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    As Dumbledore said: "You know, the Stone was really not such a wonderful thing. As much money and life as you could want! The two things most human beings would choose above all - the trouble is, humans do have a knack of choosing precisely those things which are worst for them." – Harry Johnston Dec 3 '15 at 0:05
  • Speculation - but it is exceedingly common, that objects of great value have a price attached. Maybe there was a price for anyone using the elixir, like inability to have children (often a price for immortality in stories), or fatal dependency (death of someone doesn't keep taking it, even during their natural lifespan). Maybe there was a price for creating the stone that was unacceptable, people dying either intentionally (human sacrifice, maybe condemned criminals or war prisoners or volunteers if they were moral-for-times) or accidentally (explosion, local crop failures, earthquakes). – Megha Dec 3 '15 at 10:52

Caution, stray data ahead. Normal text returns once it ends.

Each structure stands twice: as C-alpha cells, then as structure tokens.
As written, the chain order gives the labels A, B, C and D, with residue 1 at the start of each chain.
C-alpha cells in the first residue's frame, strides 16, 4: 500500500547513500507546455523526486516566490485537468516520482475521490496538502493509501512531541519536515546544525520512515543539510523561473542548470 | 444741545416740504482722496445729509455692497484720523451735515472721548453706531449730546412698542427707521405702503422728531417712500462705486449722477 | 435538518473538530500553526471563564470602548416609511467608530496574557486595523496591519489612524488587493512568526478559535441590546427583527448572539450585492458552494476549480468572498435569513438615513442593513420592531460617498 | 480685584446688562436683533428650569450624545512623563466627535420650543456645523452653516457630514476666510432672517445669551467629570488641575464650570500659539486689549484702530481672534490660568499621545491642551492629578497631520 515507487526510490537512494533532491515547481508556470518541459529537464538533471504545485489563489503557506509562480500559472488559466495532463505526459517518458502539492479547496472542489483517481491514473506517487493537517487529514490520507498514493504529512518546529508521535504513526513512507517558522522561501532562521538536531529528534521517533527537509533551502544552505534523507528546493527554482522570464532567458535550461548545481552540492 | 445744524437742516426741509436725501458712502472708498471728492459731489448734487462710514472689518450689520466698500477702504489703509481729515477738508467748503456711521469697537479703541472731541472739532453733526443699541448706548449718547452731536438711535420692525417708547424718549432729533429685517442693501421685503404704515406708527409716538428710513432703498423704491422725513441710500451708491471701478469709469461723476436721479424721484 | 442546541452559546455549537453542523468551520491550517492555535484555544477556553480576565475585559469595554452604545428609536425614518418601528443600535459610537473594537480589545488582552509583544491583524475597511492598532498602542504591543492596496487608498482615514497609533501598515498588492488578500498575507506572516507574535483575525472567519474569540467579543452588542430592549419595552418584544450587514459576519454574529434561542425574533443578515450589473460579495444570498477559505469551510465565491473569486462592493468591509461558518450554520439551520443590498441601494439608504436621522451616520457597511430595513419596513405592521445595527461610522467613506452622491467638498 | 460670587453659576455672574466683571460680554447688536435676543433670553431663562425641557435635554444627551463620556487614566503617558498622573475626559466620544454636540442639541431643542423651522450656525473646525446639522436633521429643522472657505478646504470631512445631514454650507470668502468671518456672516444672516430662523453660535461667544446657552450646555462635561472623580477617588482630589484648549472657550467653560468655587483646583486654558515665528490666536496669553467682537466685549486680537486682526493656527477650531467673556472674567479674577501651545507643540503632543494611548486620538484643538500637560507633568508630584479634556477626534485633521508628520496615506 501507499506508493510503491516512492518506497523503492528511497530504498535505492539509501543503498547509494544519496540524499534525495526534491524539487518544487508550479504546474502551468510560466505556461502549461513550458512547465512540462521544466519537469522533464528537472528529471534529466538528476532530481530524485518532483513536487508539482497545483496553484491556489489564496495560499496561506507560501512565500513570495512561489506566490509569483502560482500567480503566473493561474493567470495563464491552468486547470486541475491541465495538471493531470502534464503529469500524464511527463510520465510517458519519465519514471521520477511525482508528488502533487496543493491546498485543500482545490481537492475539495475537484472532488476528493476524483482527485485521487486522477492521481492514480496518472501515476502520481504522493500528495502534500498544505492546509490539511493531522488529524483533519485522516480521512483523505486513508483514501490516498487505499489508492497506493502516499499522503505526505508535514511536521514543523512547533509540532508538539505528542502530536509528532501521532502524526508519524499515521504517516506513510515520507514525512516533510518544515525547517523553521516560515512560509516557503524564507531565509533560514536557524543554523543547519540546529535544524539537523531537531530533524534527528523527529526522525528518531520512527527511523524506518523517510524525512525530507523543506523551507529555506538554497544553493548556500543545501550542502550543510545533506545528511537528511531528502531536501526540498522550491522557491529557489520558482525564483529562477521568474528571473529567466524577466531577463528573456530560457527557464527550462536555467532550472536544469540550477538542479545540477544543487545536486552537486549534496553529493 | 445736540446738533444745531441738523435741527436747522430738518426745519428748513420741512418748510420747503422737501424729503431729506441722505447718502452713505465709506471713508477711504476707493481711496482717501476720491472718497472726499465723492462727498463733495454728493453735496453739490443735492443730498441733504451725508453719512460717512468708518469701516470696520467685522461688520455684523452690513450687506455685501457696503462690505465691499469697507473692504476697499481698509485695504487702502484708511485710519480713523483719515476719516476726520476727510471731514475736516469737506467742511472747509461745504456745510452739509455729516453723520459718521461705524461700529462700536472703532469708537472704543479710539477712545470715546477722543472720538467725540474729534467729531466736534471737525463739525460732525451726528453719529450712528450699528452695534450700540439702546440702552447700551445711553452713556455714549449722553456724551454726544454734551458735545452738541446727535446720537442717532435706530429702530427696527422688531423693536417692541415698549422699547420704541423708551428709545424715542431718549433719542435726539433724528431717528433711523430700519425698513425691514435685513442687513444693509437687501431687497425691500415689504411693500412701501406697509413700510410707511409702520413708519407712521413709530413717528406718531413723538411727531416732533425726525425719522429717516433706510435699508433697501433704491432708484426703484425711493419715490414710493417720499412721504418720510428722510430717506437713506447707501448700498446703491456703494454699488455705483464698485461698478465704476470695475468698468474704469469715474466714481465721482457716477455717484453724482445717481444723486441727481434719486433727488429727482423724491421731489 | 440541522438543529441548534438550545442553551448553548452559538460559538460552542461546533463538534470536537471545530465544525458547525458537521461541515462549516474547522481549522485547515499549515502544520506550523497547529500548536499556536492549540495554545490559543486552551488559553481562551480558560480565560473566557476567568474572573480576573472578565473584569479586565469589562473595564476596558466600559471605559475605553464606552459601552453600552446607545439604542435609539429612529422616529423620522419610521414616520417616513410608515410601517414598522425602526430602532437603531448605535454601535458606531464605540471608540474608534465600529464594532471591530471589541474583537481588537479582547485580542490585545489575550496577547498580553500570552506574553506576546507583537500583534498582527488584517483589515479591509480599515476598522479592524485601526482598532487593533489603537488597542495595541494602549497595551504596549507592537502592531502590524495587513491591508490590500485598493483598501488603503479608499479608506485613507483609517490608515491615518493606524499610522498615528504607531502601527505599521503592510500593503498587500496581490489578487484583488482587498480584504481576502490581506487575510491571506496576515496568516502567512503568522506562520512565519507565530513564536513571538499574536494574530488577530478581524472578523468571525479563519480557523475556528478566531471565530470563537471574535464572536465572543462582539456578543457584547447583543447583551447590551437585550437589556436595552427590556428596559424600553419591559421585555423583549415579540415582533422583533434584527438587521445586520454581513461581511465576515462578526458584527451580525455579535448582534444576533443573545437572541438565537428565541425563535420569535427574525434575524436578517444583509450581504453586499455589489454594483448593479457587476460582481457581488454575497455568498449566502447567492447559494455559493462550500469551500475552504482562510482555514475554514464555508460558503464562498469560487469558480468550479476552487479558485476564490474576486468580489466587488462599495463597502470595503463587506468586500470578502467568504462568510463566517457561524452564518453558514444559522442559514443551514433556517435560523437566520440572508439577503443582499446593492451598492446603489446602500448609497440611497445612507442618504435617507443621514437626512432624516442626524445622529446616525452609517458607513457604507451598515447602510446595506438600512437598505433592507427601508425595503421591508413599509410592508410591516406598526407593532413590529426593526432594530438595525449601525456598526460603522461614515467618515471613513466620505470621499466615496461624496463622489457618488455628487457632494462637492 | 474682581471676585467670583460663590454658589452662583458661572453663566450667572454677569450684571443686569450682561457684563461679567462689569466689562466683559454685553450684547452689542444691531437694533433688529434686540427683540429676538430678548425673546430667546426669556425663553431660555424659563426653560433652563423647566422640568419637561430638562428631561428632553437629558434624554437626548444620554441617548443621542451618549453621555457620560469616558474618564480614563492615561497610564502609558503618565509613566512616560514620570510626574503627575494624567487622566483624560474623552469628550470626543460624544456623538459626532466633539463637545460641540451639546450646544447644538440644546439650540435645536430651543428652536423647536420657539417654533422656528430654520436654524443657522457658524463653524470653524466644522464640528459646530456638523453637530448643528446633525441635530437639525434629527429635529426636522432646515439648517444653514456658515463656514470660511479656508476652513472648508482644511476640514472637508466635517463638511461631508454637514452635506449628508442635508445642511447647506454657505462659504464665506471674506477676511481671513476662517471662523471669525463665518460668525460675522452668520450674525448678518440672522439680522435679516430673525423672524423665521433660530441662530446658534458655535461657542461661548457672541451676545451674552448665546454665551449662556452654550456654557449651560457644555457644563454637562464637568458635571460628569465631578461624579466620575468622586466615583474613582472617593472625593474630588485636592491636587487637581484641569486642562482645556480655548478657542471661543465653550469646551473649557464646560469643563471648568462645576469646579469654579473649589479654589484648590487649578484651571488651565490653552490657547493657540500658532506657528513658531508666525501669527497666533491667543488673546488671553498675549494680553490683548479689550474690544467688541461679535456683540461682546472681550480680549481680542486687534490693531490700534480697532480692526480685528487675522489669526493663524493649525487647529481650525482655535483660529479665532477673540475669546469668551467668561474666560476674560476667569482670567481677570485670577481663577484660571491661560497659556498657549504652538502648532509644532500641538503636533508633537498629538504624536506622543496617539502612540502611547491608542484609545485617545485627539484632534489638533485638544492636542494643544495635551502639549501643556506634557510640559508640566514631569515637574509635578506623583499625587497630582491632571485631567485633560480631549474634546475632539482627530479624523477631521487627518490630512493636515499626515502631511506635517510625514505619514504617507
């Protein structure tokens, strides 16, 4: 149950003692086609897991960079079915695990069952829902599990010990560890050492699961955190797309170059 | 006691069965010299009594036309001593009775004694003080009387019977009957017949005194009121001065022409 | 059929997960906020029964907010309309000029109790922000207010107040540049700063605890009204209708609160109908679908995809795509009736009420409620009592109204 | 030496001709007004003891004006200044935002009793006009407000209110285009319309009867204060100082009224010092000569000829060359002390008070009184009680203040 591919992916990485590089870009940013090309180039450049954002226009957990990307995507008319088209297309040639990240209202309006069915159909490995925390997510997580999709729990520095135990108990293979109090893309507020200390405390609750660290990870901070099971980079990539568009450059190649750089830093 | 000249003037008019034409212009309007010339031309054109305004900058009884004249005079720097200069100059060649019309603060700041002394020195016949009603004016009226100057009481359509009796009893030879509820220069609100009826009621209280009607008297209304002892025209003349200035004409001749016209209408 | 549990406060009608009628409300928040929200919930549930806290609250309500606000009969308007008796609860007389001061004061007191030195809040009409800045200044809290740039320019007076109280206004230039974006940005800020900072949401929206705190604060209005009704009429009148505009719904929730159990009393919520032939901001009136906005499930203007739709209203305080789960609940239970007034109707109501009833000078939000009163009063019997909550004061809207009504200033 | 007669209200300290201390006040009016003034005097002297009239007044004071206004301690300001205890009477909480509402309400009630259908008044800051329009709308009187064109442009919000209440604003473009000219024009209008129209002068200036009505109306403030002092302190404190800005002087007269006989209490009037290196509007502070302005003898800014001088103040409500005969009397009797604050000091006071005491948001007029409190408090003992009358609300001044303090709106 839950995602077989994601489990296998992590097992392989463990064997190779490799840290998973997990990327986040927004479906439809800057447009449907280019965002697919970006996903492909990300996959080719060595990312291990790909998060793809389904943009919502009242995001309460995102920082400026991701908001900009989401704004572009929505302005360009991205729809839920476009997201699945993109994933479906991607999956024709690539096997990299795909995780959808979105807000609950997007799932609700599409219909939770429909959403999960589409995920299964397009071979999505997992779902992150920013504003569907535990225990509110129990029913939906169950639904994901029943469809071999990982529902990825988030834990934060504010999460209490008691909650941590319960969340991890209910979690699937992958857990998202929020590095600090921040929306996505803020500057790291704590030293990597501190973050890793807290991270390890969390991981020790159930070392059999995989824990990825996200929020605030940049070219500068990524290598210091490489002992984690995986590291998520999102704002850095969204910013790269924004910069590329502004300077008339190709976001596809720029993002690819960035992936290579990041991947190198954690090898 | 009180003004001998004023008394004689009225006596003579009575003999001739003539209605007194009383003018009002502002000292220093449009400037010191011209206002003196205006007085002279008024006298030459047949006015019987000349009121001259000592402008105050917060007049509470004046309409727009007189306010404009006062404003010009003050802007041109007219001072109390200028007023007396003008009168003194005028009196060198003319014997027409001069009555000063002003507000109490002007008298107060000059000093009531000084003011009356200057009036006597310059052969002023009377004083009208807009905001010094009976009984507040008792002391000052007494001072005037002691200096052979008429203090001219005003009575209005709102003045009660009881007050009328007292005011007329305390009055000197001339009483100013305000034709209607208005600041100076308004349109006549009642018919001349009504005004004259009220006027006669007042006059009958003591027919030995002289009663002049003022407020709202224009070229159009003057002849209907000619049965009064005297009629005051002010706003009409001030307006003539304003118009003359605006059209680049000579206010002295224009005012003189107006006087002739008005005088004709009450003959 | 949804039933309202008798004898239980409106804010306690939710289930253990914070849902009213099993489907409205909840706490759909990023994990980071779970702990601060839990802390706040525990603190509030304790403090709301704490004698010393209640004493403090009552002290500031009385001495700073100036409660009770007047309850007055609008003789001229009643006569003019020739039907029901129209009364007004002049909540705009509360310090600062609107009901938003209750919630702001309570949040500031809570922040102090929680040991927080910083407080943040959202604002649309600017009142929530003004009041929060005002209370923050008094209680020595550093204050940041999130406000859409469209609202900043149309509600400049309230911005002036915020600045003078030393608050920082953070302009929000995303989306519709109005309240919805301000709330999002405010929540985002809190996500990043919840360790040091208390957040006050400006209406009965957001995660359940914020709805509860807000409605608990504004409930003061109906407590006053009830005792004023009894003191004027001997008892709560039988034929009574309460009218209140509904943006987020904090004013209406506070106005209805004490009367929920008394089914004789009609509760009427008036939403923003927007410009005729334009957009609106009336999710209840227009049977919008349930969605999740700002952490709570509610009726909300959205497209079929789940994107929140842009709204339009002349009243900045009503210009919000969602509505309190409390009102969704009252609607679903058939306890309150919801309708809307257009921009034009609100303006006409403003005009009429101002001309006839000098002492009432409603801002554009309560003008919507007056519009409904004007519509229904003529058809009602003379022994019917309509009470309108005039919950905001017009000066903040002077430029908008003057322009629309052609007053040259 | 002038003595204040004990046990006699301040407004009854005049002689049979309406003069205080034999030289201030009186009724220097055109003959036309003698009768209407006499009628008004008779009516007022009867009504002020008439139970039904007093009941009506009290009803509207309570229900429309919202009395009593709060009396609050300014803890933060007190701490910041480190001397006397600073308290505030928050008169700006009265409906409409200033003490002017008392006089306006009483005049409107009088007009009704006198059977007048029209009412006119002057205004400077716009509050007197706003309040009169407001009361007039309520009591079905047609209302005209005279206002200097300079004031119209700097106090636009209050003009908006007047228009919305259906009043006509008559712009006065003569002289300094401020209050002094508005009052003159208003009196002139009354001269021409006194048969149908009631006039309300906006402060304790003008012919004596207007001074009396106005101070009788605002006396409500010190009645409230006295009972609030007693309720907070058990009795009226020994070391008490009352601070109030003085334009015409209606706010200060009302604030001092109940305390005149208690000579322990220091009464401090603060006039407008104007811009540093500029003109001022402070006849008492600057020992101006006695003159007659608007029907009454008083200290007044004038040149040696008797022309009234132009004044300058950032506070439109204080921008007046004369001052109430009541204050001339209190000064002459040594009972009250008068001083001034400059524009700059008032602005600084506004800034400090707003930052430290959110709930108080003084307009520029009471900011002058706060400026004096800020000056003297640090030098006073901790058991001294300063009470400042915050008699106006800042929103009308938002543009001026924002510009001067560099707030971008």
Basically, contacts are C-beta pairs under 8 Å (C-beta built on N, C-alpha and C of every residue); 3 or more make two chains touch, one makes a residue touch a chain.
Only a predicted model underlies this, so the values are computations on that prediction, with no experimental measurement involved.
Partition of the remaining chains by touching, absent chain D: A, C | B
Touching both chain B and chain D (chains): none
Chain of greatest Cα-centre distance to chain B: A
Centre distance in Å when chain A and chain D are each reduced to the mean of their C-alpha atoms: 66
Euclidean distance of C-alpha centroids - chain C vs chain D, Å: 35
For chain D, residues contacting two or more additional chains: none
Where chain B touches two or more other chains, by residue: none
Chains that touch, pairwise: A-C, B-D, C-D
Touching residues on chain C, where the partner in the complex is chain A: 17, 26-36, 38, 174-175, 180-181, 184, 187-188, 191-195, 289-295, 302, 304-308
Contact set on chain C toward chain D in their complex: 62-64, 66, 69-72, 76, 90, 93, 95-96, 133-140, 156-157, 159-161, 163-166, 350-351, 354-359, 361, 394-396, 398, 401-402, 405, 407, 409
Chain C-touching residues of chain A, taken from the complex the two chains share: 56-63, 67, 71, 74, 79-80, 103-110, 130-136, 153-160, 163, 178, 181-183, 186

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Most people don't think they want to live forever, and don't think that other people really want to live forever.

In most literature (and stories, prior to writing) those who seek immortality find only tragedy. Most people would look at someone seeking the Stone and say, "They're greedy, and not good people."

We don't know why or how Flamel created the Stone, nor do we know if it can heal (as opposed to simply producing an elixir which extends your life). Flamel was obviously (given his agreement to destroy the stone) of the opinion that eternal life was NOT necessarily a good thing.

I, personally, agree with Harry from HPMOR (and the creator of that story, Eliezer Yudkowsky) that eternal life for everyone would be a good thing. Flamel, however, didn't. He thought it was better for people to eventually die than to live.